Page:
What is philosophy? There are so many definitions of philosophy. It is not altogether unlikely that the “What is…?” question is not the best way to approach a definition of philosophy. There are many other important questions for defining and describing philosophy. Who are philosophers? What do philosophers do? How does one become a philosopher? How, where, and when does philosophy happen? If you want to keep the question of being (ti esti, “What is”), maybe you could at least pluralize or verbalize philosophy, so that “What is philosophy?” becomes “What are philosophies?” or “What is philosophizing?” (“What are philosophizings?”). In any case, all of these questions hover around the same point. Whatever philosophy is/does, it seems particularly involved in defining itself, maintaining itself, like it has to keep turning on the engine in order to keep driving, continually initiating itself, bringing itself back to itself. In short, philosophizing maintains a constant connection to its own beginning. Philosophy is perpetually preparatory, programmatically provisional. Continue reading
Some people, a lot of people, treat René Descartes as a sort of bogeyman of modern philosophy. Somehow, in the first half of the seventeenth century, Descartes sundered the seamless fabric of Being into two factions, mind and body, a thinking thing and an extended thing, res cogitans and res extensa. With that dualism set in place, soul was thereby evacuated from the universe…except for a tiny piece of property that soul could rent out in the human head, accessed through a steep driveway in the pineal gland. In a universe devoid of soul, humans lost any motivation or justification for caring about anything beyond the solipsistic ego. Thanks a lot, René! There’s no concern for other humans, for community, or for the natural world. Mechanistic thinking thus spurred the rapacious destruction of ecosocial integrity through the development of industrial technologies and market economies. Now, as humans are sawing off the environmental limb that we’re sitting on, it’s more urgent than ever to overcome Cartesian dualism and find a way back into the seamless interconnectivity of existence. No, not really. Something is very wrong with that story. “In order to seek truth,” as Descartes says in his Principles of Philosophy, “it is necessary once in the course of our life to doubt, as far as possible, of all things.” Well, one of the things of which I’m doubtful is the idea that dualism is what’s wrong with Descartes.
In his Theses on Feuerbach, Karl Marx includes eleven statements expanding on the materialist philosophy of Ludwig Feuerbach. Marx does not mention the material burning within the German name Feuerbach: the elemental materiality of fire (Feuer). More than 150 years later, Jacques Rancière’s Ten Theses on Politics proposed an aesthetic definition of politics as dissensus (not consensus), a distancing of the aesthetic from itself: a partition, distribution, or sharing of the sensible (partage du sensible). Between these materialist and aesthetic political philosophies, there are cinders, remnants of another politics: sharing fire (partage du feu). Theses are burning down, from Marx’s eleven theses, down to Rancière’s ten theses, down to the following nine theses on Feuerpolitik.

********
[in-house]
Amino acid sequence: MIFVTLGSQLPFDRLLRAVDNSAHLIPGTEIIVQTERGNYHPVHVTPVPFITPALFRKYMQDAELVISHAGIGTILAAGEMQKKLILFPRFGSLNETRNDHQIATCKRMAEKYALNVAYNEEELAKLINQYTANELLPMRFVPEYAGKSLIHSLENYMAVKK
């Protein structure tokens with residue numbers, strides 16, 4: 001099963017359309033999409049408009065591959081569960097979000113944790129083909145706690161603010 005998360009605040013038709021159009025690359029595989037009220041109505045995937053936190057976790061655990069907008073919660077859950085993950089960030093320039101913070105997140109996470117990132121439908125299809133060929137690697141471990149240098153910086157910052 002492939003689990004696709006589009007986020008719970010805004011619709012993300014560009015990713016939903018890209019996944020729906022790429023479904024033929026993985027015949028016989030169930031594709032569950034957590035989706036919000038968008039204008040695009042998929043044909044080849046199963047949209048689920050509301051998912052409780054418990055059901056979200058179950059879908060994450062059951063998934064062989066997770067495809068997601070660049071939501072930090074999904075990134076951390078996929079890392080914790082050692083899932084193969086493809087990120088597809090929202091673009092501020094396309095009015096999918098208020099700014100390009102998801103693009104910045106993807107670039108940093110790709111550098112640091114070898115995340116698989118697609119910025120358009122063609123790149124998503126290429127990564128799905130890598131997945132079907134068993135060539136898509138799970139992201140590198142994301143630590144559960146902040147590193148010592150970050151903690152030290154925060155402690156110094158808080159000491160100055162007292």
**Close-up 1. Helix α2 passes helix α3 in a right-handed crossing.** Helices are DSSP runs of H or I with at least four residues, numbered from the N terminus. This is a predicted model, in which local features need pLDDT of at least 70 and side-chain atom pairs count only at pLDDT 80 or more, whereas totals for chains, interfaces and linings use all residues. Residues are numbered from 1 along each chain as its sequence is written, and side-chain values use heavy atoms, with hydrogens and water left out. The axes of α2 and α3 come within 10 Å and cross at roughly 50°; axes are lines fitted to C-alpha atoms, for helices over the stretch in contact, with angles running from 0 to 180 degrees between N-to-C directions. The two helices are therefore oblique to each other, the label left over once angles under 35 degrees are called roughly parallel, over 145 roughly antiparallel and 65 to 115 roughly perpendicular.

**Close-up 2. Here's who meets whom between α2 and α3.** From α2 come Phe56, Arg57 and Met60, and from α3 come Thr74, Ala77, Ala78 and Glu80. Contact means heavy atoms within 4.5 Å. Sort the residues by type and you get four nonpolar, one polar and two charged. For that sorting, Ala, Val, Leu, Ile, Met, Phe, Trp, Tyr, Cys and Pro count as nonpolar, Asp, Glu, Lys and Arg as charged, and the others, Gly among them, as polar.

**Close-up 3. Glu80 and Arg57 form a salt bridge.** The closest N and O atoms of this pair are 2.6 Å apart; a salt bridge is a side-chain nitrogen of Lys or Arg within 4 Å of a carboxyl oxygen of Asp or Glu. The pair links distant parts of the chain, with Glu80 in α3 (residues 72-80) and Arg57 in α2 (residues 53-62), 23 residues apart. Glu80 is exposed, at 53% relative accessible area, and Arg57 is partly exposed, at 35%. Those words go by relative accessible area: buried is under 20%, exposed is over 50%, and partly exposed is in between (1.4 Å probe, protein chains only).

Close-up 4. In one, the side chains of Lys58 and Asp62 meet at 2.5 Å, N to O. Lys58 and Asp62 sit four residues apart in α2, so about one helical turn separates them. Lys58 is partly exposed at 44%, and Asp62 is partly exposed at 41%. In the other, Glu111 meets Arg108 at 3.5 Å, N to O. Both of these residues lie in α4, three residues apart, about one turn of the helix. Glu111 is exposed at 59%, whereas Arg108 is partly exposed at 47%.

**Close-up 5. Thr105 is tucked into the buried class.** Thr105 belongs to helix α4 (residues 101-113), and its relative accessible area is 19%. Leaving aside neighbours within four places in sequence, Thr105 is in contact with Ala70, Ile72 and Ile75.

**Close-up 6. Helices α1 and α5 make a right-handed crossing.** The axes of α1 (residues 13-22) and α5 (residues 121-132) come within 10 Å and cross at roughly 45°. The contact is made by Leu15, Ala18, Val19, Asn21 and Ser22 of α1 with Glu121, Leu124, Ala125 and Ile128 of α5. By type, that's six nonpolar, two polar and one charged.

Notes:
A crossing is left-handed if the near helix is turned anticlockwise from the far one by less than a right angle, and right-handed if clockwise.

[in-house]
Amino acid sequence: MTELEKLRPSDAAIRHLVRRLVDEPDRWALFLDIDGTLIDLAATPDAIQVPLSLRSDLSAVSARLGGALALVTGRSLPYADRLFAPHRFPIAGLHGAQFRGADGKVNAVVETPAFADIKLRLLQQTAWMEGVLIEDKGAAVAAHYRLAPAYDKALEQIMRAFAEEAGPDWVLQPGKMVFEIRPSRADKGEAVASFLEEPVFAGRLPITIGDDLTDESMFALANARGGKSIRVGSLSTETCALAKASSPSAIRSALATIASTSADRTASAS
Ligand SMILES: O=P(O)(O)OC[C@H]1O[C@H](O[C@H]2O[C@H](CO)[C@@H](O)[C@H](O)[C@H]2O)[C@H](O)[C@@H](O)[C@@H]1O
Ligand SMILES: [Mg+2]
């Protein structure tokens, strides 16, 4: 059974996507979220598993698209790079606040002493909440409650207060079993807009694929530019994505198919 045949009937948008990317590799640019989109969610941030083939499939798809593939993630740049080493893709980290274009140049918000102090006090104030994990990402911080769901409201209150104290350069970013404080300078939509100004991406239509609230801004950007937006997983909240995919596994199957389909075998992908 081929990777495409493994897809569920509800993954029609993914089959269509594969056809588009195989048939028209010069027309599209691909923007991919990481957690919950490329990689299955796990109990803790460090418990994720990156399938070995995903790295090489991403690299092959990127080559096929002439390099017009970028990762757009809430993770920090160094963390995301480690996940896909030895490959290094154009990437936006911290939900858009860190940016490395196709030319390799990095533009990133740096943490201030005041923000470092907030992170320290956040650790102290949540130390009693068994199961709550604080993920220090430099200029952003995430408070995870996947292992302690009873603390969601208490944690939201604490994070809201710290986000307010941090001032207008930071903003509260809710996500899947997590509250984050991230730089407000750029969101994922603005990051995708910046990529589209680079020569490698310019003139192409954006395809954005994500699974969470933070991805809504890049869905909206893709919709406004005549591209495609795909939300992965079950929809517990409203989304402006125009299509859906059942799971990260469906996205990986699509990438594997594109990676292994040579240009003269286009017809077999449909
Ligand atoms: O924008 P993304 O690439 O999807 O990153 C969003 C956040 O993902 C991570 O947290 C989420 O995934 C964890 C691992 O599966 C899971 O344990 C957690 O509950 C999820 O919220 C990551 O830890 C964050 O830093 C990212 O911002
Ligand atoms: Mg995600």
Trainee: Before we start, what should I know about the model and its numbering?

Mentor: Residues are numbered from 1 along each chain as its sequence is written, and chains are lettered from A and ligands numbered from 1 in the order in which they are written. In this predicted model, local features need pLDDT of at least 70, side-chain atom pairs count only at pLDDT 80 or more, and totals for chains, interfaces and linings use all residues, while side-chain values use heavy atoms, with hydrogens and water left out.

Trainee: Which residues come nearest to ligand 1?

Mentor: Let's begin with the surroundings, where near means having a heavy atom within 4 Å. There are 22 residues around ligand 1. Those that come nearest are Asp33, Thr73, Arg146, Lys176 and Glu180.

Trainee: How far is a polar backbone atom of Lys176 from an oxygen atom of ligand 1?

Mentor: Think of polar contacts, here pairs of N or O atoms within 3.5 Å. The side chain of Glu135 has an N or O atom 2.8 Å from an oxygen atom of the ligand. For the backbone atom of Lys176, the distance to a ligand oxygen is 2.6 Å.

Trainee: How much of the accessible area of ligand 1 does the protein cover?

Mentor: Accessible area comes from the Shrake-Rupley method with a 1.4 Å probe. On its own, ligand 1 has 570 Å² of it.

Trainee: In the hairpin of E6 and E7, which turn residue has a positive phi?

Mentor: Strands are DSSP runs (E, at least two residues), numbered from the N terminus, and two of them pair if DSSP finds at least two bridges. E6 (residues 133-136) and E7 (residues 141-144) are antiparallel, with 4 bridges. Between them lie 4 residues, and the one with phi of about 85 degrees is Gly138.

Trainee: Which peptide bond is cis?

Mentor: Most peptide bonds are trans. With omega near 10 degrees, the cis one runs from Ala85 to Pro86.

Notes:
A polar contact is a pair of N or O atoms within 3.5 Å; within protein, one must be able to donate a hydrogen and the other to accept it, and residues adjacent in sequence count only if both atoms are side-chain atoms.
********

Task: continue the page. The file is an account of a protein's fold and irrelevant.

Thinking of philosophy as resistance, one might think first of the philosophical activities of Marxists, feminists, and environmentalists. I would add process philosophers to that list. For Bergson, for instance, philosophizing is a violent inversion of the status quo.
The mind has to do violence to itself, has to reverse the direction of the operation by which it habitually thinks, has perpetually to revise, or rather recast, all its categories. But in this way it will attain to fluid concepts, capable of following reality in all its sinuosities and of adopting the very movement of the inward life of things. Only thus will a progressive philosophy be built up, freed from the disputes which arise between the various schools, and able to solve its problems naturally, because it will be released from the artificial expression in terms of which such problems are posited. To philosophize, therefore, is to invert the habitual direction of the work of thought. (Bergson, An Introduction to Metaphysics [trans. T. E. Hulme. New York: G. P. Putnam’s Sons, 1912], p. 51).
That’s not very different from Whitehead’s claim that philosophy “reverses the slow descent of accepted thought towards the inactive commonplace” (Modes of Thought, p. 174). The question I’m left with is to what extent Bergson and Whitehead can facilitate resistance to a particularly obstinate habit that pervades late modernity: the enclosure of the commons (the becoming-inactive of the commonplace). For Bergson, resistance to enclosures might have something to do with love, reminiscent of his famous saying, “The motive power of democracy is love.” In Whitehead, maybe the notion of conformation provides a sense of the commons. Consider a few quotes from Process and Reality:
The philosophy of organism holds that, in order to understand “power,” we must have a correct notion of how each individual actual entity contributes to the datum from which its successors arise and to which they must conform. (p. 56)